Once upon a time, I was retained to create a comprehensive PCI DSS-focused log review policies, procedures and practices for a large company. As I am preparing to handle more of such engagements (including ones not focused on PCI DSS, but covering other compliance or purely security log reviews), I decided to publish a heavily sanitized version of that log review guidance as a long blog post series, tagged “PCI_Log_Review.” It was written to be a complete and self-contained guidance document that can be provided to people NOT yet skilled in the sublime art of logging and log analysis in order to enable them to do the job and then grow their skills. It is focused on PCI DSS, but based on generally useful log review practices that can be utilized by everybody and with any regulation or without any compliance flavor at all.
This is the fourth post in the long, long series (part 1, part 2, part 3 – all parts). A few tips on how you can use it in your organization can be found in Part 1. You can also retain me to customize or adapt it to your needs.
And so we continue with our Complete PCI DSS Log Review Procedures (for now, we are still in the introductory section, BTW!):
For example, Requirement 1 ,“Install and maintain a firewall configuration to protect cardholder data” mentions that organizations must have “a formal process for approving and testing all external network connections and changes to the firewall configuration.” However, after such process is established, one needs to validate that firewall configuration changes do happen with authorization and in accordance with documented change management procedures. That is where logging becomes extremely handy, since it shows you what actually happened and not just what was supposed to happen.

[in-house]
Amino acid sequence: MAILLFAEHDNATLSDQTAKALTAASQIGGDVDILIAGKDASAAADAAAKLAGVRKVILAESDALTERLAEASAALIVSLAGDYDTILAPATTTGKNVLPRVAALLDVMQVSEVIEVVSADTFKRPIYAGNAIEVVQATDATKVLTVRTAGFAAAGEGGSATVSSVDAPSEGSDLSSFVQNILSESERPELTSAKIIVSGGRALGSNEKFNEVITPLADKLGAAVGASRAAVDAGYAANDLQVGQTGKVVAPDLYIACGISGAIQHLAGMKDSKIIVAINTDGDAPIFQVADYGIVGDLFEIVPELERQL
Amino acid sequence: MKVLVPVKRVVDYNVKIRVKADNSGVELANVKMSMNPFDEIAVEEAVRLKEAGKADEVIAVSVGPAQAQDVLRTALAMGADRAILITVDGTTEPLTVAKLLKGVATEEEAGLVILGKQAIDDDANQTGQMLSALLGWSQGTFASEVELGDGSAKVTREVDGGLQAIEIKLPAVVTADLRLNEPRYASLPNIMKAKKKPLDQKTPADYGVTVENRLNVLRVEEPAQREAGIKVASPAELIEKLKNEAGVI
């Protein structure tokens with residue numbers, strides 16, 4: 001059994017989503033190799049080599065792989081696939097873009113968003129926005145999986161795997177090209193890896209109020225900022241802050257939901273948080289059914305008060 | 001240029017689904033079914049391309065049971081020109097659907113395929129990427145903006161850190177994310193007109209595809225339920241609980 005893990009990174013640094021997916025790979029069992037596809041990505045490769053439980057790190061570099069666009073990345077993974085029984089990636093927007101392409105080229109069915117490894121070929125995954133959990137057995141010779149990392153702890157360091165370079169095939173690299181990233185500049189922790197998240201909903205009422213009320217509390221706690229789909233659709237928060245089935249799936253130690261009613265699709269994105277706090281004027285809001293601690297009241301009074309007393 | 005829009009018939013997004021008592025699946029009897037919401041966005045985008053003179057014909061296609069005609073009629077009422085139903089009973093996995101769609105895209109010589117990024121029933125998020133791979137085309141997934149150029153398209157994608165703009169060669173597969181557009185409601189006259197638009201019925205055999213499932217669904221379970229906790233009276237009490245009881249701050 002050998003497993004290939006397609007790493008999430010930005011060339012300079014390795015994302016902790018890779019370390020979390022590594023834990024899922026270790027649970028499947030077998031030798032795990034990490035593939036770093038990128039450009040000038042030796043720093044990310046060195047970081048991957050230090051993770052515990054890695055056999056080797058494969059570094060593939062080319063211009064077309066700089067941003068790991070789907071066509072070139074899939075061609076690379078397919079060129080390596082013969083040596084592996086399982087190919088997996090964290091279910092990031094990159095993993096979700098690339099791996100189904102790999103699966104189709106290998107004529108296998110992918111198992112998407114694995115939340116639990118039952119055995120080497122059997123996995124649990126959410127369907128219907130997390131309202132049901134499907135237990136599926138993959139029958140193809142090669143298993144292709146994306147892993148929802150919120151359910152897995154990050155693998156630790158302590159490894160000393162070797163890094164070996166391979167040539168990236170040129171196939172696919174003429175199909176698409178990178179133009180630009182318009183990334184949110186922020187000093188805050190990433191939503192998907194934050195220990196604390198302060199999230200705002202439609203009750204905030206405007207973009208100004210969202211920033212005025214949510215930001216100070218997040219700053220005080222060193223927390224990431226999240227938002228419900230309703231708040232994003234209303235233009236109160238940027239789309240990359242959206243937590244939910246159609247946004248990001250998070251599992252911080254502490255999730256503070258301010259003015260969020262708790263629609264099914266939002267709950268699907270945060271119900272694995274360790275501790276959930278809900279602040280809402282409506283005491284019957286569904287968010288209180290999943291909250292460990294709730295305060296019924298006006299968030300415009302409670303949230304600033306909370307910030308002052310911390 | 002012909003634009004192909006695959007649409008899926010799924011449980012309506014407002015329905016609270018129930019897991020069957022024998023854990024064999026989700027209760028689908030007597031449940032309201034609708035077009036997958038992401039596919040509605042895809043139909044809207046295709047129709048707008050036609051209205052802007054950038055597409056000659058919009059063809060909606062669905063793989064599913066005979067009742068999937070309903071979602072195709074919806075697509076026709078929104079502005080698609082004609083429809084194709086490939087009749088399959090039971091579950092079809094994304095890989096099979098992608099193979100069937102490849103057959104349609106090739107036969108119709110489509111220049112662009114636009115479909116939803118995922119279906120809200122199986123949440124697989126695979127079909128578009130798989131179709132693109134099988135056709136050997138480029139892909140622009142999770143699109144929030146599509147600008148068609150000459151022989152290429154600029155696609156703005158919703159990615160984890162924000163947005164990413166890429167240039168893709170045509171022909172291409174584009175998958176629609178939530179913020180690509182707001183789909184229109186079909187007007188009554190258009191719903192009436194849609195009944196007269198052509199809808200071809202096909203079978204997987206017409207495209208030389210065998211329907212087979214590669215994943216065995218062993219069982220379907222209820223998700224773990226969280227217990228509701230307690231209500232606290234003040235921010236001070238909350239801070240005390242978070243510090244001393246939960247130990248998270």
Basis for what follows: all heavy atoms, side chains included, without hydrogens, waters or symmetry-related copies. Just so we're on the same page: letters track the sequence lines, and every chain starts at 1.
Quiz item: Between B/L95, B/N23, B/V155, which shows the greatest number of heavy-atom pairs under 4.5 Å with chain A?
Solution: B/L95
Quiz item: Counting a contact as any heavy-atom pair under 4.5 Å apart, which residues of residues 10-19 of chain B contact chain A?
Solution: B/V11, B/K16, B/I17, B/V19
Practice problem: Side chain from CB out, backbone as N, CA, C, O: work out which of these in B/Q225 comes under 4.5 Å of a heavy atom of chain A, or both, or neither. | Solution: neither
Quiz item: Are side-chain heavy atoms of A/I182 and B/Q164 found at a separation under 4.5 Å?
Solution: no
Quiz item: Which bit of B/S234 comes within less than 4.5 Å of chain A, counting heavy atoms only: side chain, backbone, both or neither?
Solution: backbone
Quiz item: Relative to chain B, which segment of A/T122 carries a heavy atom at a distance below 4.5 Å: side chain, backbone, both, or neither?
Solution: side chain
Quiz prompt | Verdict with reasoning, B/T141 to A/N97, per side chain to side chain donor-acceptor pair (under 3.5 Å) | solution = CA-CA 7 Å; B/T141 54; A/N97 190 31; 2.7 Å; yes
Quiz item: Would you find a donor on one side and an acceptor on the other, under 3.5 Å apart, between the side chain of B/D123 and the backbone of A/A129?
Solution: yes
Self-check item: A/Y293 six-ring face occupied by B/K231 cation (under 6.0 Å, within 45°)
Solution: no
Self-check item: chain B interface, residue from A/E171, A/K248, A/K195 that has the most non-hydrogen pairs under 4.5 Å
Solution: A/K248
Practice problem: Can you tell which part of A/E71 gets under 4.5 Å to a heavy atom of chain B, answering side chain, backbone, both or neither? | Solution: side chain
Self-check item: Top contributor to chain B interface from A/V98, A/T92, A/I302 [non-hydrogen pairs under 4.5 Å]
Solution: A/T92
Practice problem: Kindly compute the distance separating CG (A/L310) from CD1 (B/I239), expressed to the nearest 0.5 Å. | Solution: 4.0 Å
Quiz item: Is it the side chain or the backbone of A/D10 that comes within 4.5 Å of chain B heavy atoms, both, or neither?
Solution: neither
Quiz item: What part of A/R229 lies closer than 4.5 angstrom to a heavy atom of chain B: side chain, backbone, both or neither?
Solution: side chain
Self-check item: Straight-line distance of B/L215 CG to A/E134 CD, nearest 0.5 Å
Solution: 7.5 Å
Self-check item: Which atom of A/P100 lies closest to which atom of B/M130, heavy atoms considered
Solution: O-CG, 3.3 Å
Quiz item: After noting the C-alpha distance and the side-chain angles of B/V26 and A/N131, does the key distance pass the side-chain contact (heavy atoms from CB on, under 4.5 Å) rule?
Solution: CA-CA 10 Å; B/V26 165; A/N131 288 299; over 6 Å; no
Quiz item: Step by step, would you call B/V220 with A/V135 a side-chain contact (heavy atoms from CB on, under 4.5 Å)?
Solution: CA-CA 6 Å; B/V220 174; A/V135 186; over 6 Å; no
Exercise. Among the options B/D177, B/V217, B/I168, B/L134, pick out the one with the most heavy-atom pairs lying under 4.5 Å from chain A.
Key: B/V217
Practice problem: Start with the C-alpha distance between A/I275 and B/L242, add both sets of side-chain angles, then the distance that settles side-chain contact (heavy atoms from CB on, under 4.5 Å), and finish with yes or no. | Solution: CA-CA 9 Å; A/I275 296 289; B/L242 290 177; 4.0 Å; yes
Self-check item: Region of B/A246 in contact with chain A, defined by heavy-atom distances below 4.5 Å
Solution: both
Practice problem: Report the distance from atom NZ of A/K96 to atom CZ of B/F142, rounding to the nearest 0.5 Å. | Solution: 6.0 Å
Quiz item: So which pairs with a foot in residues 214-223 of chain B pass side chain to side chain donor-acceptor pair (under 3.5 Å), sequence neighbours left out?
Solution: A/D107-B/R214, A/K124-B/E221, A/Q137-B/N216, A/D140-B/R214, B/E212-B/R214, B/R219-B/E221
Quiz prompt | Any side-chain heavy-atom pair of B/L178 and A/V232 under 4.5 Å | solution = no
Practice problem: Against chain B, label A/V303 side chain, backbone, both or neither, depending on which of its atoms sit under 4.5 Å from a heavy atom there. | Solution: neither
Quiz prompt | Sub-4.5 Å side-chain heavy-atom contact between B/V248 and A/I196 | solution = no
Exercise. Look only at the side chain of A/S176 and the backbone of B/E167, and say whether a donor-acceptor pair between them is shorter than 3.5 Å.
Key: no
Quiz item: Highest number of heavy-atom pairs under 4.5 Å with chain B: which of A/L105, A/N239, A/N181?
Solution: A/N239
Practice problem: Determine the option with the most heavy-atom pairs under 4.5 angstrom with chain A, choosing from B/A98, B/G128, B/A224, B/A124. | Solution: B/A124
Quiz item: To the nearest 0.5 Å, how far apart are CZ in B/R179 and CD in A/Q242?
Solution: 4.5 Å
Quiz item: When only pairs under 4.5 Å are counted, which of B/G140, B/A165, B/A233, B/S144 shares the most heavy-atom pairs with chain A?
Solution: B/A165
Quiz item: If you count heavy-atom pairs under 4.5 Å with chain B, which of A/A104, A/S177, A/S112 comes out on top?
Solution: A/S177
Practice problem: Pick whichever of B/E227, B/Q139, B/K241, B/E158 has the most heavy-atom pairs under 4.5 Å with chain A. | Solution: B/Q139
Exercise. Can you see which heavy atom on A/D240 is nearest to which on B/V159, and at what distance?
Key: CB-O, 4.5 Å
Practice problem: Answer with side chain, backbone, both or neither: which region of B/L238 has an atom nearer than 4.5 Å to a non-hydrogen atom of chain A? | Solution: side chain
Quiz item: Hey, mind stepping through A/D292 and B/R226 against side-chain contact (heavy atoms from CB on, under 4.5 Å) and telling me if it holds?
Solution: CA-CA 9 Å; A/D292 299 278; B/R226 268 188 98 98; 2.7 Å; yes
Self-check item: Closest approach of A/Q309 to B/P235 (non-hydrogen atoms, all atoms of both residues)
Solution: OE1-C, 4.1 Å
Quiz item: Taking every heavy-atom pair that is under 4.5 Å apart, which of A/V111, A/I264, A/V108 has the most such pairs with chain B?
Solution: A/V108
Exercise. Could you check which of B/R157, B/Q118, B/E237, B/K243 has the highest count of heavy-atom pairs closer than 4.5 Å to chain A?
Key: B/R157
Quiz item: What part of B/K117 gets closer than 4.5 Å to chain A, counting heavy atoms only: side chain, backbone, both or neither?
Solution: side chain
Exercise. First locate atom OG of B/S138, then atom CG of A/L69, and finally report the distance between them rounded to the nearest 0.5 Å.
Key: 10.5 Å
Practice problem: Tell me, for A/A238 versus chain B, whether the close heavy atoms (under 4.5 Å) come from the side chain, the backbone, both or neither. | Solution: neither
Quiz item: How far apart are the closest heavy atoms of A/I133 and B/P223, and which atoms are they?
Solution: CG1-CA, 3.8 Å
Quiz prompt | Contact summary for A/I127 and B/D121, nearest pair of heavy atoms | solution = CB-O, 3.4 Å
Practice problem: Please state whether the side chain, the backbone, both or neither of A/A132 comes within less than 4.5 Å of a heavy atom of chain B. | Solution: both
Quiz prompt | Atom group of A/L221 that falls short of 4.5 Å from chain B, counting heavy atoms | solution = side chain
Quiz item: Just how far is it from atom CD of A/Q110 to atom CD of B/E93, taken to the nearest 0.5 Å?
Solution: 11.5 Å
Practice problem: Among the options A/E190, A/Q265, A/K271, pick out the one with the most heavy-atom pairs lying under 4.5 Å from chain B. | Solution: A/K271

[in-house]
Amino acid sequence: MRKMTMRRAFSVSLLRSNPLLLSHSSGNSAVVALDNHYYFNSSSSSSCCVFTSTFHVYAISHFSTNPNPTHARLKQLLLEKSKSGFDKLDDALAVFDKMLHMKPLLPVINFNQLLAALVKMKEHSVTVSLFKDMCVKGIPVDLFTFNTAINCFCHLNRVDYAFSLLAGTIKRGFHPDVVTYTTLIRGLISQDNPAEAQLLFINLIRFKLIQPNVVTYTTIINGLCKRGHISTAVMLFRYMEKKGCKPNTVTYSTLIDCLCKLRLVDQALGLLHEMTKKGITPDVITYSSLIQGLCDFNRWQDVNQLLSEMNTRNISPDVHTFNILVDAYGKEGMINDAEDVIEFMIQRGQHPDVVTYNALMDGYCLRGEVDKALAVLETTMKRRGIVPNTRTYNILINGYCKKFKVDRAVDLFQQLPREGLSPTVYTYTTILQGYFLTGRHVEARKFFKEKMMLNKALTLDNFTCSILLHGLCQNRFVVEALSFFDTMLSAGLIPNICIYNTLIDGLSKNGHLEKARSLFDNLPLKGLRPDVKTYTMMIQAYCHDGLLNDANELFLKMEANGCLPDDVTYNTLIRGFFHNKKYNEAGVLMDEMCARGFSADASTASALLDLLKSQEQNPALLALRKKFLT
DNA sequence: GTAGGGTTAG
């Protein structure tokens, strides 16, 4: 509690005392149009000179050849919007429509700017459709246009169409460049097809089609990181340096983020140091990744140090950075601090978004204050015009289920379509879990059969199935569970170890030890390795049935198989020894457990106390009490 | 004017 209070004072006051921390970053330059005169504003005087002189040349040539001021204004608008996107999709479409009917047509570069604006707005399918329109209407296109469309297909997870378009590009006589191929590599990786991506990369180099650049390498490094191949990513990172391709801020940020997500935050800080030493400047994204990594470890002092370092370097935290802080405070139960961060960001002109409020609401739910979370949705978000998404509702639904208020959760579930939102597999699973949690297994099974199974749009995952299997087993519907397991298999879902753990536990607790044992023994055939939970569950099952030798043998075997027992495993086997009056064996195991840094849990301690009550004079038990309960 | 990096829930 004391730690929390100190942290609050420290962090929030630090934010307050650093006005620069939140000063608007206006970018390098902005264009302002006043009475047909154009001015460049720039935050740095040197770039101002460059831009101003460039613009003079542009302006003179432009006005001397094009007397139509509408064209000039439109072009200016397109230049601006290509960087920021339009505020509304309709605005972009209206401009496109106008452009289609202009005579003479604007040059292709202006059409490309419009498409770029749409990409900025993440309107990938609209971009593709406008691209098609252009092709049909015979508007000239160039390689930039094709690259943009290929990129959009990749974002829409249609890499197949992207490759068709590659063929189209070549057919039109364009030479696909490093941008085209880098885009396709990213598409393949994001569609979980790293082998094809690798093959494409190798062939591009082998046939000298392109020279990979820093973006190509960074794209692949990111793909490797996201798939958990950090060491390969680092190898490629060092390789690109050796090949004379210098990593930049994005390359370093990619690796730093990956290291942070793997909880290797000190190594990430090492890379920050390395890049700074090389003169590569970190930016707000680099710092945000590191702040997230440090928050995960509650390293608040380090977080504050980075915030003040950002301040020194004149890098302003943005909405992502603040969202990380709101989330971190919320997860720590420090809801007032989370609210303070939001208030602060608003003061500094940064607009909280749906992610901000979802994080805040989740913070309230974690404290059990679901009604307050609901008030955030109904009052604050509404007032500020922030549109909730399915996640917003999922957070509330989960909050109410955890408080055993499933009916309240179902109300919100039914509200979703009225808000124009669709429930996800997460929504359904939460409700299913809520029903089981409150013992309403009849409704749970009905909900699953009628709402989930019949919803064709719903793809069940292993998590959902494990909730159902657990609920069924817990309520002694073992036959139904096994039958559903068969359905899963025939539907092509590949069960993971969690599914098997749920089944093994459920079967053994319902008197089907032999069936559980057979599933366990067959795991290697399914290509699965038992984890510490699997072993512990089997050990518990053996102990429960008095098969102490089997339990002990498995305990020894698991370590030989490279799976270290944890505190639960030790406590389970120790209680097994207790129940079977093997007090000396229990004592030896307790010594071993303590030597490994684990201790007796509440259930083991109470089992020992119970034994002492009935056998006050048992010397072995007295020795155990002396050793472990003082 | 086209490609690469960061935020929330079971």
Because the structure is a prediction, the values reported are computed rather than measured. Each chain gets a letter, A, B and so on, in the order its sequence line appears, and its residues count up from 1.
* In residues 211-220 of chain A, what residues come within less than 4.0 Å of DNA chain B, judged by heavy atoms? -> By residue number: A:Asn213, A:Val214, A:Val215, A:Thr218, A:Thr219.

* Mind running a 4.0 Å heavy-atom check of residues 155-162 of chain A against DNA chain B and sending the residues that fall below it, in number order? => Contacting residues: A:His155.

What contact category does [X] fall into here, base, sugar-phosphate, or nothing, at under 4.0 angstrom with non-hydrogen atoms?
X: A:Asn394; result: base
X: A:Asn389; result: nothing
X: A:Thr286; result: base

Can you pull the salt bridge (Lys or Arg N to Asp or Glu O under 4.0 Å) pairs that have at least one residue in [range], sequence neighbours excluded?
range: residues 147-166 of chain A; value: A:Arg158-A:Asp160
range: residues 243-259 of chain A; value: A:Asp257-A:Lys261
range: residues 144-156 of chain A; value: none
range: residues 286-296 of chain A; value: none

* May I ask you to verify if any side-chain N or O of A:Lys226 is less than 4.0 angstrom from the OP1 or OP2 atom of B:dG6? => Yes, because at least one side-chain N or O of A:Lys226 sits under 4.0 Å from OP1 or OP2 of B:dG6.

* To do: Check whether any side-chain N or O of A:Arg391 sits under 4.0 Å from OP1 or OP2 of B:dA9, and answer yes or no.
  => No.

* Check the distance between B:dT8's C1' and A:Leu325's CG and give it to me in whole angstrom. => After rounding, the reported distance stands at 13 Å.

The entire Requirement 1.3 contains guidance to firewall configuration, with specific statements about inbound and outbound connectivity. One must use firewall logs to verify this; even a review of configuration would not be sufficient, since only logs show “how it really happened” and not just “how it was configured.”
Similarly, Requirement 2 talks about password management “best practices” as well as general security hardening, such as not running unneeded services. Logs can show when such previously disabled services are being started, either by misinformed system administrators or by attackers.
Further, Requirement 3, which deals with data encryption, has direct and unambiguous links to logging. For example, the entire subsection 3.6, shown below in an abbreviated form, implies having logs to verify that such activity actually take place. Specifically, key generation, distribution, and revocation are logged by most encryption systems and such logs are critical for satisfying this requirement.
Requirement 4, which also deals with encryption, has logging implications for similar reasons.
Requirement 5 refers to anti-virus defenses. Of course, in order to satisfy Section 5.2, which requires that you “Ensure that all anti-virus mechanisms are current, actively running, and capable of generating audit logs,” one needs to see such mentioned logs.